It happens to me multiple times on a daily basis. There I am walking down the street, the same street I do every morning, passing the same vendors, and regardless, I hear a little tweedle-deedle-do and can’t resist looking over to guy selling souvenir flutes. It just a dude making a living, and I can’t fault him for that. However, if I don’t start getting recognized as a non-tourist gringo, I’m going to shove a flute…let’s just say he won’t be tooting that thing at me anymore.
Furthermore, the guys generally at the corner of 6th Avenida and 4th Calle who, after I’ve rejected their flyer for the hundred-and-fifth time, follow up with a whispering offer of cocaine or marijuana. It’s hard work looking like a tourist in this place, much less a beardy, dirty hippy.
Chicken Bus Alley
Despite the cobblestones and sidewalks, I like being able to walk to work: The crisp morning air still chipper with dawn, the absence of the pedestrian calamity, and less chicken buses making their way down 1st Avenida (norte), what I’ve come to recognize as Chicken Bus Alley. If you’ve ever sat at the basketball court at the end of the avenue, waiting for the one Aldea El Hato bus to Earth Lodge, you know why. There are just so many.
Don’t get me wrong: I love chicken buses. Commuting for 57 cents is a-okay in my pocketbook, as are the funky paint jobs, the chrome tributes to Jesus and Mary, and the patented “Guate, Guate” call of the ayudante (transport touts). It is an iconic institution in modern-day Central America. But, the problem arises when you get behind a chicken bus, long past their prime US school buses, and the tailpipe of that old International (how ironic) is coughing black smoke in your face.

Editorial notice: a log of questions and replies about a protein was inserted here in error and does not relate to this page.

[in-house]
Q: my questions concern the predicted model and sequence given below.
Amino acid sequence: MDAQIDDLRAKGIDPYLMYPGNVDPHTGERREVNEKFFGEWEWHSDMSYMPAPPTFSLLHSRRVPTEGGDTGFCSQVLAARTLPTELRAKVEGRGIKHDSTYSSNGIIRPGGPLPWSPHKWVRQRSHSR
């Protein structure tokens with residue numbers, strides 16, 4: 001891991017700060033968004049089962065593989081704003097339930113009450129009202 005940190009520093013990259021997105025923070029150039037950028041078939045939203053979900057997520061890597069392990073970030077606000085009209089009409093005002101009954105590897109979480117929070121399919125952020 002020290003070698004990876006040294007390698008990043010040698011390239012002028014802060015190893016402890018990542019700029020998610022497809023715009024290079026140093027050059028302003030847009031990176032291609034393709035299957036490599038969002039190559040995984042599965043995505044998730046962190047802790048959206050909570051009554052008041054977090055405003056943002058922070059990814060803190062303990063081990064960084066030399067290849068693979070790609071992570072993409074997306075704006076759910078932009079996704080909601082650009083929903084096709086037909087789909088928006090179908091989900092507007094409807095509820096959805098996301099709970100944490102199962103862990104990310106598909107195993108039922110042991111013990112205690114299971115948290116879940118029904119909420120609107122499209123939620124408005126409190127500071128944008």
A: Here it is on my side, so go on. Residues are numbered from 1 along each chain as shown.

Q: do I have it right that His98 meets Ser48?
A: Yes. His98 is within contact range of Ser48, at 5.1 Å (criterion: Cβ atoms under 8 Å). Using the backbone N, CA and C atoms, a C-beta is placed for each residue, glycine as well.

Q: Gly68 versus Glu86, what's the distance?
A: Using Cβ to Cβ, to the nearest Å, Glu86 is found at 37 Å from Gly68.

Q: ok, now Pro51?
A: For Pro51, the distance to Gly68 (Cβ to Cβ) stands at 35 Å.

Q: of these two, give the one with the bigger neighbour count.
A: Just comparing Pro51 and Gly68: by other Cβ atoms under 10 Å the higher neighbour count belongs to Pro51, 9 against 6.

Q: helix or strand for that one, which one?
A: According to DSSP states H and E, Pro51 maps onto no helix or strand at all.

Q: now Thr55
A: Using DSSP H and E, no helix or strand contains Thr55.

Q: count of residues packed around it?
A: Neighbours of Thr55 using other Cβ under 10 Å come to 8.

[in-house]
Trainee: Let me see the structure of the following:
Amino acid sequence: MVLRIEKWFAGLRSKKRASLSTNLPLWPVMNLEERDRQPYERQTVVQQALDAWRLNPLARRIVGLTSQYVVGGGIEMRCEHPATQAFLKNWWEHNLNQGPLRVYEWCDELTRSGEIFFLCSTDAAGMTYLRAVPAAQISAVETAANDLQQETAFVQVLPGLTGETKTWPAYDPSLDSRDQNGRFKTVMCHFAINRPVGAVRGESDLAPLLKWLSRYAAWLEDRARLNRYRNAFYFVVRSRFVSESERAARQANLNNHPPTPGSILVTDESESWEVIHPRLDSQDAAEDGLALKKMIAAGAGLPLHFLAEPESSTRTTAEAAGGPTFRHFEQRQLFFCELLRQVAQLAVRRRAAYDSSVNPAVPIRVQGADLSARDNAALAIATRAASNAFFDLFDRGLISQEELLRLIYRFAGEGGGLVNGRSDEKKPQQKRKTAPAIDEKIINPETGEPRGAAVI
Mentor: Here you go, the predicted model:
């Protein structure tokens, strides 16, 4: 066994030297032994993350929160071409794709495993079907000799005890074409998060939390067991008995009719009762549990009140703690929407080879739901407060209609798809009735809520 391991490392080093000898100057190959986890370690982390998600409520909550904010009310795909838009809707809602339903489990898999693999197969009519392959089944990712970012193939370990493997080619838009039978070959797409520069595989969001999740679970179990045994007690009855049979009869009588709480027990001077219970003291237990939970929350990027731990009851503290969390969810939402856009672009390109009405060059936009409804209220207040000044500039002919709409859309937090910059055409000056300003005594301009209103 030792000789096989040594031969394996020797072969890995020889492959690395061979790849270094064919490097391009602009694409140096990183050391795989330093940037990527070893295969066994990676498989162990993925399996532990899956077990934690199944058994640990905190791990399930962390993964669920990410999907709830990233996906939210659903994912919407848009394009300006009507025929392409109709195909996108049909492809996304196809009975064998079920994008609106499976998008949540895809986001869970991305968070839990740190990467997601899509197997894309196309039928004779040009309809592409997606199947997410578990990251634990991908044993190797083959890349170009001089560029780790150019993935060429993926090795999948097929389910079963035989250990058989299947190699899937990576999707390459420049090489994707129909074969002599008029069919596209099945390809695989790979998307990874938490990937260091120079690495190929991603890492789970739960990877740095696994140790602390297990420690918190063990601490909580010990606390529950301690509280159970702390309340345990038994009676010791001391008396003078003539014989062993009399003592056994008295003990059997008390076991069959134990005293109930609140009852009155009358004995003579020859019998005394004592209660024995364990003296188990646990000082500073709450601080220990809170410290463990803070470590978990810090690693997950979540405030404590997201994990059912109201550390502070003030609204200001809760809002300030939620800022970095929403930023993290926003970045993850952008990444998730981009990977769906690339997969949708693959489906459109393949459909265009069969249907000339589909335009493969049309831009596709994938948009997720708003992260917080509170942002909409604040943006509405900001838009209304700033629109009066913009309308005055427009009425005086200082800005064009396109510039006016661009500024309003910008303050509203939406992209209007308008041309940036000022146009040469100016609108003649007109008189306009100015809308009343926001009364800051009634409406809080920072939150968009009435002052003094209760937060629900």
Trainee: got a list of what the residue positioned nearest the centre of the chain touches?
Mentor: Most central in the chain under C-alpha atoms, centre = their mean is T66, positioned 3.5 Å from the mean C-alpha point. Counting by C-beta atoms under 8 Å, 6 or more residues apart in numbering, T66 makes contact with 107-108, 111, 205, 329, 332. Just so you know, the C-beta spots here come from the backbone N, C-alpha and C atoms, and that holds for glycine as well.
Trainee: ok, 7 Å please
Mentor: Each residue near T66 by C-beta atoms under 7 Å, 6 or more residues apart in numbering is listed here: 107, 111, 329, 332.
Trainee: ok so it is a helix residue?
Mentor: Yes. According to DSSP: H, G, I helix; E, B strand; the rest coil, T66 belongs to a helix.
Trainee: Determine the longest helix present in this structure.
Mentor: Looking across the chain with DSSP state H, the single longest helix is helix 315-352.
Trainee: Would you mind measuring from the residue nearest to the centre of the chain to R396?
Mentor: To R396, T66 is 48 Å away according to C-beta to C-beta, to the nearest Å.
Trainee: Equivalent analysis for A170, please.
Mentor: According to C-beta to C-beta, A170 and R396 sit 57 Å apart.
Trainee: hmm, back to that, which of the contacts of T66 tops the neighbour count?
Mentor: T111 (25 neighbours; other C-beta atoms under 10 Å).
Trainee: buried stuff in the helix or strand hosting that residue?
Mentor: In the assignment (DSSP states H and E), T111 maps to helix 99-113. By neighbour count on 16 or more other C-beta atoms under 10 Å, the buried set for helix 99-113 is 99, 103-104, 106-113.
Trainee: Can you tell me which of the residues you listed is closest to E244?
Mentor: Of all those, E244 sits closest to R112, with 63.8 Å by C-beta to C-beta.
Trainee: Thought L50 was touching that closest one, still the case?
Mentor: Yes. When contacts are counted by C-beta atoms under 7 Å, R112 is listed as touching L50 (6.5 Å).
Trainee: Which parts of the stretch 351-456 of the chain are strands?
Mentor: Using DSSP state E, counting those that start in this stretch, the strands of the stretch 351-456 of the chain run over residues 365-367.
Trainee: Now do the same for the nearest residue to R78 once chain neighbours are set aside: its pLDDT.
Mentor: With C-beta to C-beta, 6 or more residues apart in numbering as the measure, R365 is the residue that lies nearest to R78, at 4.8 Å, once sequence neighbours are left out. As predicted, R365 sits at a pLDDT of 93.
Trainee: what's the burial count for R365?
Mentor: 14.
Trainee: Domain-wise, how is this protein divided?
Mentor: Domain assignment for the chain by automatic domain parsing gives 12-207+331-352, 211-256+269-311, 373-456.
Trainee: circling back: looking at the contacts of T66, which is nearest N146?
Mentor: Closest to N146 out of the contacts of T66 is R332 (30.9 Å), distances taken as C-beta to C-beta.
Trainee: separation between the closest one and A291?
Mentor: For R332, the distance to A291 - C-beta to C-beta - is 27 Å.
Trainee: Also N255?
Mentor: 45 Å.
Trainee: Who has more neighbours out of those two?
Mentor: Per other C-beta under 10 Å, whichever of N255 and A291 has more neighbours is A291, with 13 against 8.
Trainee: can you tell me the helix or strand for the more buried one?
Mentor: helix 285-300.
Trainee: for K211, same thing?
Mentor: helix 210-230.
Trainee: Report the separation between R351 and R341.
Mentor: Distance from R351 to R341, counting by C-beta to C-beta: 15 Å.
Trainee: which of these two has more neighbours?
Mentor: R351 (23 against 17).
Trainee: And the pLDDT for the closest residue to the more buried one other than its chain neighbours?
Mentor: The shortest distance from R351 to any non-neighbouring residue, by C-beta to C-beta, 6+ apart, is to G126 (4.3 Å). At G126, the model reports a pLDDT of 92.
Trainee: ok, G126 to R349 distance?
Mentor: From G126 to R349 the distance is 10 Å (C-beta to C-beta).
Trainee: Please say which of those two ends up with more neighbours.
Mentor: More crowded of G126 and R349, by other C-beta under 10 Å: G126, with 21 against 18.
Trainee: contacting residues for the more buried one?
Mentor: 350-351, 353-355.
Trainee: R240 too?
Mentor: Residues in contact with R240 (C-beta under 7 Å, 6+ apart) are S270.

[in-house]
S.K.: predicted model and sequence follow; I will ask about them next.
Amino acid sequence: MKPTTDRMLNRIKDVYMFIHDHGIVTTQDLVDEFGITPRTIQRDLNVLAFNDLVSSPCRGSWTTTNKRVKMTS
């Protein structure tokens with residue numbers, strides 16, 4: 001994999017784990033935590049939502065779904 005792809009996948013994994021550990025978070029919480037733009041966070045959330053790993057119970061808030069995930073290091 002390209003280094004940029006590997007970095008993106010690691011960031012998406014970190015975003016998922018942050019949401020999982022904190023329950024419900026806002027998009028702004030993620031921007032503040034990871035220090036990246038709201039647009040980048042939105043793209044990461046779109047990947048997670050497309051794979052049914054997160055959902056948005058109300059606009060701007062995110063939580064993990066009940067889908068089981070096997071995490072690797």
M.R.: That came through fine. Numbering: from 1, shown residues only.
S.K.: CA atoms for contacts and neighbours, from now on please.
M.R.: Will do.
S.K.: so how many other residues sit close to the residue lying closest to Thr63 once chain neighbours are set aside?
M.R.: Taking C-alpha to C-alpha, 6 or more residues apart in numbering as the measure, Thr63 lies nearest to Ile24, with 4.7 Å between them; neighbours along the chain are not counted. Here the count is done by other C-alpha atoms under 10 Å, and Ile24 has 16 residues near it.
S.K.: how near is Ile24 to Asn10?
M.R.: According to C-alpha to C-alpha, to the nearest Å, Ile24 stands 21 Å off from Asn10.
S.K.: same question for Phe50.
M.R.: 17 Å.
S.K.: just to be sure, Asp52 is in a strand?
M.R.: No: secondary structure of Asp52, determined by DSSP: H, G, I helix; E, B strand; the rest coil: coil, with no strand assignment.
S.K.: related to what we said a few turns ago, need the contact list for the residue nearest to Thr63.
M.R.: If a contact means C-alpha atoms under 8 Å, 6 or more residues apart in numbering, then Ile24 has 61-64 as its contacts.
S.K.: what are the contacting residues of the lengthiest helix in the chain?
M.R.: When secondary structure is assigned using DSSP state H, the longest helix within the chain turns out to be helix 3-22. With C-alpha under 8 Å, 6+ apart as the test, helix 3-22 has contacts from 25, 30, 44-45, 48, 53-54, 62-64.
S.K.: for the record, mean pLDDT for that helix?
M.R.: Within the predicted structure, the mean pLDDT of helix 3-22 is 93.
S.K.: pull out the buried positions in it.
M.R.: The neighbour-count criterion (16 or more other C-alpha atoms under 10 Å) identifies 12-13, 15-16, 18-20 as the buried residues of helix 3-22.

Oxford Language Center is at the far north end of 1st Avenida, the corner of Antigua most opposite where I live. Thusly, I ingest an unhealthy dose of engine tar every week.
Sexual Hissing & Ensuing Ogles
Life as a gringo, as the husband of a gringa, just sometimes isn’t fair, not when it comes to the Latin American libido and the freedom with which many of the local hombres feel to express it. Emma is, of course, more familiar than I with the tsst-tsst that occurs when a foxy female passes. Call it the equivalent to the wolf whistle, but realize its occurrence is far more omnipresent, so much so I’ve been told that some local women are unhappy when they don’t get it.
What’s more is the shameless eye-groping that occurs. Even when the tsst-tsst is absent, there is often blatant head-turning, a telltale moving from chichis to culo as the unoffending lady negotiates her high heels on the cobblestone or cinches her backpack on a little tighter. Those of us raised by my parents have been taught to operate with a bit more tact, i.e. using peripherals. A smidge uppity with my prudish nature, I tisk at the corner boys tsst-tsst-ing and staring so hard at the fair maidens (no doubt) that be.
About a month ago, on one of those Sunday jogs, I was passed by a dump truck literally filled with young Guatemalan men, many of whom treated me as if I were running in high heels. I felt like just another chica, as if the boys didn’t really mean it.
Hey, no matter how wonderful a place is, nowhere is paradise. Sometimes there are hurricanes or mosquitoes or cobblestone streets always under repair because, well, they are old-ass cobblestone streets that are still hammered into place by some poor bastard on his knees in the middle of road. Sometimes an expat writer needs to vent about the situation. Then, we can get back to “living the dream”, relaying the highlights to our enamored audiences.
The truth is, when I leave a place, I almost always look back on the quirks as fondly as anything else, even if only to say, “I survived that.”